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  • Viscount Cantorum Duo - portable TWO manual classical organ

    Might be interesting. I'd like to play one and hear what it sounds like.

    http://www.viscountinstruments.com/cantorum-duo.html

  • #2
    It would be nice if a pedalboard option were available, similar to what Content offers.

    Comment


    • #3
      Originally posted by Casavant Fan View Post
      It would be nice if a pedalboard option were available, similar to what Content offers.
      There are a bazillion pedalboards on their website and they say they fit 'any' organ. Maybe except the Cantorum, and maybe not, but I'm betting maybe yes. Probably not the 32' concave radiating model though.

      Comment


      • #4
        Originally posted by Casavant Fan View Post
        It would be nice if a pedalboard option were available, similar to what Content offers.
        Yes, it does appear from the manual that you can connect a MIDI pedalboard so anyone of the Viscount ones should work.

        One European retailer has some prices up so its interesting to compare similar products to see where this one fits in the market:

        Viscount Cantorum V - €1,395
        Viscount Cantorum VI Plus - €1,650
        Dexibell Classico L3 - €2,190
        Viscount Cantorum Duo - €2,995
        Content Compact 224 Intern - €3,095
        1971 Allen Organ TC-3S (#42904) w/sequential capture system.
        Speakers: x1 Model 100 Gyro, x1 Model 105 & x3 Model 108.

        Comment


        • #5
          Downloaded the "brochure" -- turns out to be a 166 page owner's guide! In three languages, so not all of it readable for me, but still...

          Takeaway -- for less than the cost of medium-level repairs to an old MOS organ, or a Rodgers Cheetah, or any number of old organs with good consoles but dated sound, you can slide in a brand new state of the art complete two-manual organ! And you don't have to learn Hauptwerk or other steep-learning-curve computer software, you don't have to wire up key switches to encoders, no fussing with interfacing stops to a computer, or settling for a touch screen.

          Using an inexpensive MIDI encoder from a third party, one can MIDI up the existing pedalboard (very easy with the Allen and Rodgers reed switch assemblies), or presumably buy a ready-made MIDI pedalboard. Should be easy to tie the Cantorum audio into the existing amps and speakers of most any electronic organ. It's not even hard to conceive of using the expression pedal or pedals that are already in an old console to control the volume, if you have general knowledge of audio circuits and some technical skill.

          Some interesting features, such as the ability to assign different divisions among the four audio outputs. A flexible multi-band equalizer. Four "suites" of stops.

          Other than being somewhat barebones with the stoplist and only six general pistons, it's got about everything you get on a mid-line new organ from a major builder.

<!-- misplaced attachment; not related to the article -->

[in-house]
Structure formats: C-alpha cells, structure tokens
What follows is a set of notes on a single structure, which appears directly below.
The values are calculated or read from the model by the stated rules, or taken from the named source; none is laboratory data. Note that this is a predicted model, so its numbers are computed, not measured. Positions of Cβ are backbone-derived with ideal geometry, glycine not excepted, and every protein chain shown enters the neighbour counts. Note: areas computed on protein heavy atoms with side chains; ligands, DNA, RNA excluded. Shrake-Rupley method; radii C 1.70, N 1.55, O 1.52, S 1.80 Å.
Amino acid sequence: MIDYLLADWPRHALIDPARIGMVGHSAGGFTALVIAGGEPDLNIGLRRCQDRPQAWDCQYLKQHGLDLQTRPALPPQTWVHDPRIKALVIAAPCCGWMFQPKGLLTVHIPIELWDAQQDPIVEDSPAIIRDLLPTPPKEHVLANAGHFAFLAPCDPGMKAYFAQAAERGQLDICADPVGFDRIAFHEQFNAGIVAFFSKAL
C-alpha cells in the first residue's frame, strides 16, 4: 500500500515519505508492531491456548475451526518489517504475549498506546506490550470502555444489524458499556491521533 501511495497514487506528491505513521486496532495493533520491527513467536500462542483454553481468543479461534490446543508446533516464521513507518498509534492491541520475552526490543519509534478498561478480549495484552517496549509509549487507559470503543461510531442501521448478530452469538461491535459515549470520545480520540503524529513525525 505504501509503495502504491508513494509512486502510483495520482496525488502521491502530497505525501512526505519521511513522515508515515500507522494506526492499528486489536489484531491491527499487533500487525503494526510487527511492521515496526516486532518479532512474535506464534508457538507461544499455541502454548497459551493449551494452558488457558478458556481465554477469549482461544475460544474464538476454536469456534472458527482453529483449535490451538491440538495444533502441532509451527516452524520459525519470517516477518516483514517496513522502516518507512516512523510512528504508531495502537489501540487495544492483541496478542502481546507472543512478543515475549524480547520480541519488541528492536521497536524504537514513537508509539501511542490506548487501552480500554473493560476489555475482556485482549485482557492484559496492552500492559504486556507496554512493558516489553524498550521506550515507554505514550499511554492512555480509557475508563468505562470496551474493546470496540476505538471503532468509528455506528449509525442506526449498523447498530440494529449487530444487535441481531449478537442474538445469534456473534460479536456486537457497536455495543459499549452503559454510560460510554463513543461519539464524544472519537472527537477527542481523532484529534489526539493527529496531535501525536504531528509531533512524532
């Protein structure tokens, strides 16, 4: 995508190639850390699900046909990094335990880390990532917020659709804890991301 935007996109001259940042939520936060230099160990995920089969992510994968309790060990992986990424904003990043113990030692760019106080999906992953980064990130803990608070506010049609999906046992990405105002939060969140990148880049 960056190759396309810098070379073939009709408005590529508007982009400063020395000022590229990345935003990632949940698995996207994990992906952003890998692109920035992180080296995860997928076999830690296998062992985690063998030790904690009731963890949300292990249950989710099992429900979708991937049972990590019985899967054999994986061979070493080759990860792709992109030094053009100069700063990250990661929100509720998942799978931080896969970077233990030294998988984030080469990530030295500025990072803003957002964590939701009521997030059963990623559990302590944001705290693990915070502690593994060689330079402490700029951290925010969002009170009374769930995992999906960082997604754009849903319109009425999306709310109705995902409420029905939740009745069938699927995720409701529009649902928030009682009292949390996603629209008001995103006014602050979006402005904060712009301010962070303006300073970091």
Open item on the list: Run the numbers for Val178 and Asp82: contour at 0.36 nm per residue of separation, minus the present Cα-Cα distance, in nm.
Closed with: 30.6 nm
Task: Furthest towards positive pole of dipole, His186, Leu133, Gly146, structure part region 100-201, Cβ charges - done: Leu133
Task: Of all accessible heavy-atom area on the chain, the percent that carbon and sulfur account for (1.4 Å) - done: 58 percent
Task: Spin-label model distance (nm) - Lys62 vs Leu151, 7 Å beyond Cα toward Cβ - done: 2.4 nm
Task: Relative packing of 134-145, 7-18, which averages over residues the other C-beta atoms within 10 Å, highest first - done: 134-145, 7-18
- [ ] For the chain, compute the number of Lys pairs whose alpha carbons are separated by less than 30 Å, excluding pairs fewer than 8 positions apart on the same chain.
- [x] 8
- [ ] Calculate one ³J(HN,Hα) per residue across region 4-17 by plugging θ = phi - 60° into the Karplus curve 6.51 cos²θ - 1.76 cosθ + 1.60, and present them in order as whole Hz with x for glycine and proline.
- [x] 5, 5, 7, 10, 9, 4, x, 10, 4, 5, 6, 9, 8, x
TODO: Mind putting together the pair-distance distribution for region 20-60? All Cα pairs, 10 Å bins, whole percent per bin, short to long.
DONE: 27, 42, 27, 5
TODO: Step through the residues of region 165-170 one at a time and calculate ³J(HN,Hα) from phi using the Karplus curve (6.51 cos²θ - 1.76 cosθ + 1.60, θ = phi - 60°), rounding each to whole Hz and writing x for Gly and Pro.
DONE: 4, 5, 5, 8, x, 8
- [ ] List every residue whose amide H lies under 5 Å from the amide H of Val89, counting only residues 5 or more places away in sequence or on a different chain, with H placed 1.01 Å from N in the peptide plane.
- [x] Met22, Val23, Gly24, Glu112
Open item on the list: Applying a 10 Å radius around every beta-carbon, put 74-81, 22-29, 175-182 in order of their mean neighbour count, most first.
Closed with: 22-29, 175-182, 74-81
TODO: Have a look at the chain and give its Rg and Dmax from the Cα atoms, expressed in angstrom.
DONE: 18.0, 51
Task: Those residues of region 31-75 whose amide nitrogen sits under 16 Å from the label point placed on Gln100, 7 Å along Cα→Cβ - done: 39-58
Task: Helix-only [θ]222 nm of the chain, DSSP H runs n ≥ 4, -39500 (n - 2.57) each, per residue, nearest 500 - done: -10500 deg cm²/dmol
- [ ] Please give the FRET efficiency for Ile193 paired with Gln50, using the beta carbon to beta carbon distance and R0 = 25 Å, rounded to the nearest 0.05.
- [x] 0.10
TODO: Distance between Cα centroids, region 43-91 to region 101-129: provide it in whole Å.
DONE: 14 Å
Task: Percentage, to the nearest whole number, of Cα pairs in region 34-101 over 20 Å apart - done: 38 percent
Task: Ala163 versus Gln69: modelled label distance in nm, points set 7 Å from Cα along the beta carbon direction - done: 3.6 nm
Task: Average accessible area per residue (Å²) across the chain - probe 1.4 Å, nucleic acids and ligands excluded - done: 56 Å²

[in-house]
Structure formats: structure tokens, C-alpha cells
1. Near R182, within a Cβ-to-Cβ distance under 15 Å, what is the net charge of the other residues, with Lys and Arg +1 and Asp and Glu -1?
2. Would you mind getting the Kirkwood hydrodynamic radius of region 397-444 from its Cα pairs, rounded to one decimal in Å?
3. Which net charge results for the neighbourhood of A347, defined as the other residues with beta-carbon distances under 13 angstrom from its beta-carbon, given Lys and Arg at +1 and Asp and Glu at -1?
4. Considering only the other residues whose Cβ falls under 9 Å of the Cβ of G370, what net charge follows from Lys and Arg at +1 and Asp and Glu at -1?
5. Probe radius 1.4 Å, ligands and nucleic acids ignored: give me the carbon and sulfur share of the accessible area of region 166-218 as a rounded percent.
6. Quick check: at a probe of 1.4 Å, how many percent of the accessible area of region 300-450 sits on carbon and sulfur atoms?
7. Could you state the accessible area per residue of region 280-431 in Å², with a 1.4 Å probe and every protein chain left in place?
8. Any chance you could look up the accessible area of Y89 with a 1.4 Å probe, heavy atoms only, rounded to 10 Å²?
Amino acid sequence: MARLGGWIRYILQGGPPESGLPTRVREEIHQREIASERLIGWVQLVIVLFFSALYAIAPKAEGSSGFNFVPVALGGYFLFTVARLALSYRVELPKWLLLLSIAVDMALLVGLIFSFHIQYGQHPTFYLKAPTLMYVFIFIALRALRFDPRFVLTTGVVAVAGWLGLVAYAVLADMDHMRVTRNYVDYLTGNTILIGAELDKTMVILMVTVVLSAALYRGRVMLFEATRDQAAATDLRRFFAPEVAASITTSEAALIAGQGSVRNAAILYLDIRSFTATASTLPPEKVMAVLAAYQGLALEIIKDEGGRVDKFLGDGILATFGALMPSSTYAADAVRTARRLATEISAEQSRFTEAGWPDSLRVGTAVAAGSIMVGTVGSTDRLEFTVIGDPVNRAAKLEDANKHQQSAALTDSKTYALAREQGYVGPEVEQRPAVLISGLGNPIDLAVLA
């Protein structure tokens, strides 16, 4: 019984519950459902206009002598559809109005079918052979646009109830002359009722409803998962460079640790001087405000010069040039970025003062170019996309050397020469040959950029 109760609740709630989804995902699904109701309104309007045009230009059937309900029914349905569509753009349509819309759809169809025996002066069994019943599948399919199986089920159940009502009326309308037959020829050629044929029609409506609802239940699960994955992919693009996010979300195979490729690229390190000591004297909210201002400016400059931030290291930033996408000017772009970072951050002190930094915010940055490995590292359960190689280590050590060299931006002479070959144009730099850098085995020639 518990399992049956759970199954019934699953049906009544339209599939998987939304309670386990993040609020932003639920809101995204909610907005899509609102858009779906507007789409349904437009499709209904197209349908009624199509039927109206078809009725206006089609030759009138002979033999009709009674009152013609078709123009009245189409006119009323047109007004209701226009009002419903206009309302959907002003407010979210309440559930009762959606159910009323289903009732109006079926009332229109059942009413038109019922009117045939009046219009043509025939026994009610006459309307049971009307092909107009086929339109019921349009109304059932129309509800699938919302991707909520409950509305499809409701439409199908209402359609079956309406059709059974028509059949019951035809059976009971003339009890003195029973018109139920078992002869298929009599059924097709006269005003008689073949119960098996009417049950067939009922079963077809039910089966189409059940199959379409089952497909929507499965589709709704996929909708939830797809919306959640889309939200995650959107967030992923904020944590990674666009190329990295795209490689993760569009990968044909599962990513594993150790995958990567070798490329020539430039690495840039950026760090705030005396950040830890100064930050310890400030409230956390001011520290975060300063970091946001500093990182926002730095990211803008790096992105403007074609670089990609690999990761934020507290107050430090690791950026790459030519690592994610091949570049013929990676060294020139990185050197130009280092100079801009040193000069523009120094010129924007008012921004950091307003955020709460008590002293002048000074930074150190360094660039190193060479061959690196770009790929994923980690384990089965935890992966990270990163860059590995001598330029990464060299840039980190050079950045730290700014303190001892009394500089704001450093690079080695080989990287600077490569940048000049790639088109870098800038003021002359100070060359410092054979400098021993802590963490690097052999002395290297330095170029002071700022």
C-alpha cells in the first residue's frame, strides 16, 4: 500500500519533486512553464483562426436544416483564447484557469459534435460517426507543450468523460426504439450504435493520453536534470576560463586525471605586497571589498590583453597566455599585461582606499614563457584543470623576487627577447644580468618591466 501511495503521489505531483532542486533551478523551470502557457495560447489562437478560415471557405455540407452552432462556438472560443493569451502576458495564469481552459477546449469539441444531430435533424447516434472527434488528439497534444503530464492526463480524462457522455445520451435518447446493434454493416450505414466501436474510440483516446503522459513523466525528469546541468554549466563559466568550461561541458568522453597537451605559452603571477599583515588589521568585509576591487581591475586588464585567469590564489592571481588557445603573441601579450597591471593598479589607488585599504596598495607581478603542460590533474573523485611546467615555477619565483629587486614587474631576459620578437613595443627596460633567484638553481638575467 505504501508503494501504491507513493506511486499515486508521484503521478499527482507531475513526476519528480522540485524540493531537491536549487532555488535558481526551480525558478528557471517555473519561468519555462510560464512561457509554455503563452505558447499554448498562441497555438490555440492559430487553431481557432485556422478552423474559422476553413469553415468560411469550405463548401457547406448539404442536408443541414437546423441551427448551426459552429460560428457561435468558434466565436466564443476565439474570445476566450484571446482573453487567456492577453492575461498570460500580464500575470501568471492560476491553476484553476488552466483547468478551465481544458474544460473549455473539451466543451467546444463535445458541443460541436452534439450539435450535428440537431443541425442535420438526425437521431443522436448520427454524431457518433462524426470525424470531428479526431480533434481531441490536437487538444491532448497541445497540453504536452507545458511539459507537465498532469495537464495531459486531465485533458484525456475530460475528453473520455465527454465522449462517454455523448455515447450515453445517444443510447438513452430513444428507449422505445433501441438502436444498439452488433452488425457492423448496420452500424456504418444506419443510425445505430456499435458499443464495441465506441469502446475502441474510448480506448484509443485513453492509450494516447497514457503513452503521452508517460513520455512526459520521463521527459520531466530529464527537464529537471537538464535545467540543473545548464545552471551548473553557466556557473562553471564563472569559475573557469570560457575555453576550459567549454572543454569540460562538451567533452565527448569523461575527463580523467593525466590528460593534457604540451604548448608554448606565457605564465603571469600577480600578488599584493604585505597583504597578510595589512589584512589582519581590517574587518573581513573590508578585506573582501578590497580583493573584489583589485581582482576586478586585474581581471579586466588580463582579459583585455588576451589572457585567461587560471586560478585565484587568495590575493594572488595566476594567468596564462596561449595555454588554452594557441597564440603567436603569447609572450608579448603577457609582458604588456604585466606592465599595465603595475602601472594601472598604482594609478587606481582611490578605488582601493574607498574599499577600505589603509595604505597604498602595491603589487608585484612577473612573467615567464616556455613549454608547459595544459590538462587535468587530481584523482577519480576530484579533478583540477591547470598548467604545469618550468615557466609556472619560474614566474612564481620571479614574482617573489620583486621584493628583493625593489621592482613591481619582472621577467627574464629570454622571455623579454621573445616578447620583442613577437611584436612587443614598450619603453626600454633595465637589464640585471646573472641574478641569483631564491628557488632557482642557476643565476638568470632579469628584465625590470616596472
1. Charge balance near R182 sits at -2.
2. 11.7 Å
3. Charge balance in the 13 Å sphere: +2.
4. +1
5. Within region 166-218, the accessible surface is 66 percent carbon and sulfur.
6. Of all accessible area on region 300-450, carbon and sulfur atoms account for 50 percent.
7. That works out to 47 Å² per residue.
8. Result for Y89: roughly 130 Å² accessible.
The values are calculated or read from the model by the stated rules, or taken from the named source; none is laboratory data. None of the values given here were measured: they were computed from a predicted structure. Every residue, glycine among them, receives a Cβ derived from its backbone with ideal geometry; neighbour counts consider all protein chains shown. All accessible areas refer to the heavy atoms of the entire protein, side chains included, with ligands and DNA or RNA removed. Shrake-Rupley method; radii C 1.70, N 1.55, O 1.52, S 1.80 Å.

And priced at about 3000 Euros? I'll take a half dozen!

          Could open up a whole new marketing possibility. Churches that will never spend even $25K on the tiniest, cheapest, flimsiest new organ from a major brand might upgrade their existing organ, even if it's an old worn-out Conn or Baldwin or whatever, for a fraction of the cost of a new organ.

          ---------------MORE FROM THE BROCHURE---------------

          Built-in sequencer, stores infinite number of songs on USB drives. Stores unlimited sets of piston combinations on USB drives. More alternative temperaments than any other instrument I've seen. You can apparently configure just about every aspect of everything to make this organ work just like you want it to work.

          There is even an input jack for a CRESCENDO pedal! This could be the basis for a pretty darn elaborate organ.

          What did they NOT think of?
          Last edited by jbird604; 08-17-2018, 07:12 AM.
          John
          ----------
          *** Please post your questions about technical service or repair matters ON THE FORUM. Do not send your questions to me or another member by private message. Information shared is for the benefit of the entire organ community, but other folks will not be helped by information we exchange in private messages!

          https://www.facebook.com/pages/Birds...97551893588434

          Comment


          • #6
            I'm interested in it myself. Maybe something for home...
            Allen MOS 1105 (1982)
            Allen ADC 5000 (1985) w/ MDS Expander II (drawer unit)
            Henry Reinich Pipe 2m/29ranks (1908)

            Comment


            • #7
              Viscount cantorum duo

              Originally posted by organman95 View Post
              I'm interested in it myself. Maybe something for home...
              Chose this over the Content 224 as it has more voices, orchestral voices and thumb pistons below the manuals. Also has a tailor made carry case, which would be improved if it had wheels. Also would have liked a solid music stand like the Content rather than the flimsy bit of wire that passes for most keyboards music stand.
              Those quibbles apart, I am impressed with what you get for just under £2k if you shop around. The voicing seems a definite improvement from the last time I played a Viscount (Domus5!) and there is clear variation in the 4 specs. The features all fit very easily under the hands, but have been unable to connect a Roland MIDI pedalboard to it. The internal audio is 10w more than the Content at 40w and it is plenty, without distortion even on full organ. The looks are solid wood, and i will be gigging it over the next couple of weeks. I will post an update about the audience reaction to it after Christmas.

              Comment


              • #8
                Just spotted this new Viscount online. Anyone heard it? I'm really interested.

                Comment


                • #9
                  Originally posted by wunderman View Post
                  Just spotted this new Viscount online. Anyone heard it? I'm really interested.
                  There are several videos out on YouTube you can check out.

                  Comment


                  • #10
                    Originally posted by radagast View Post

                    There are several videos out on YouTube you can check out.
                    Yes I watched the videos thanks. I actually hired one recently, it was good to play it in person.

                    Comment


                    • #11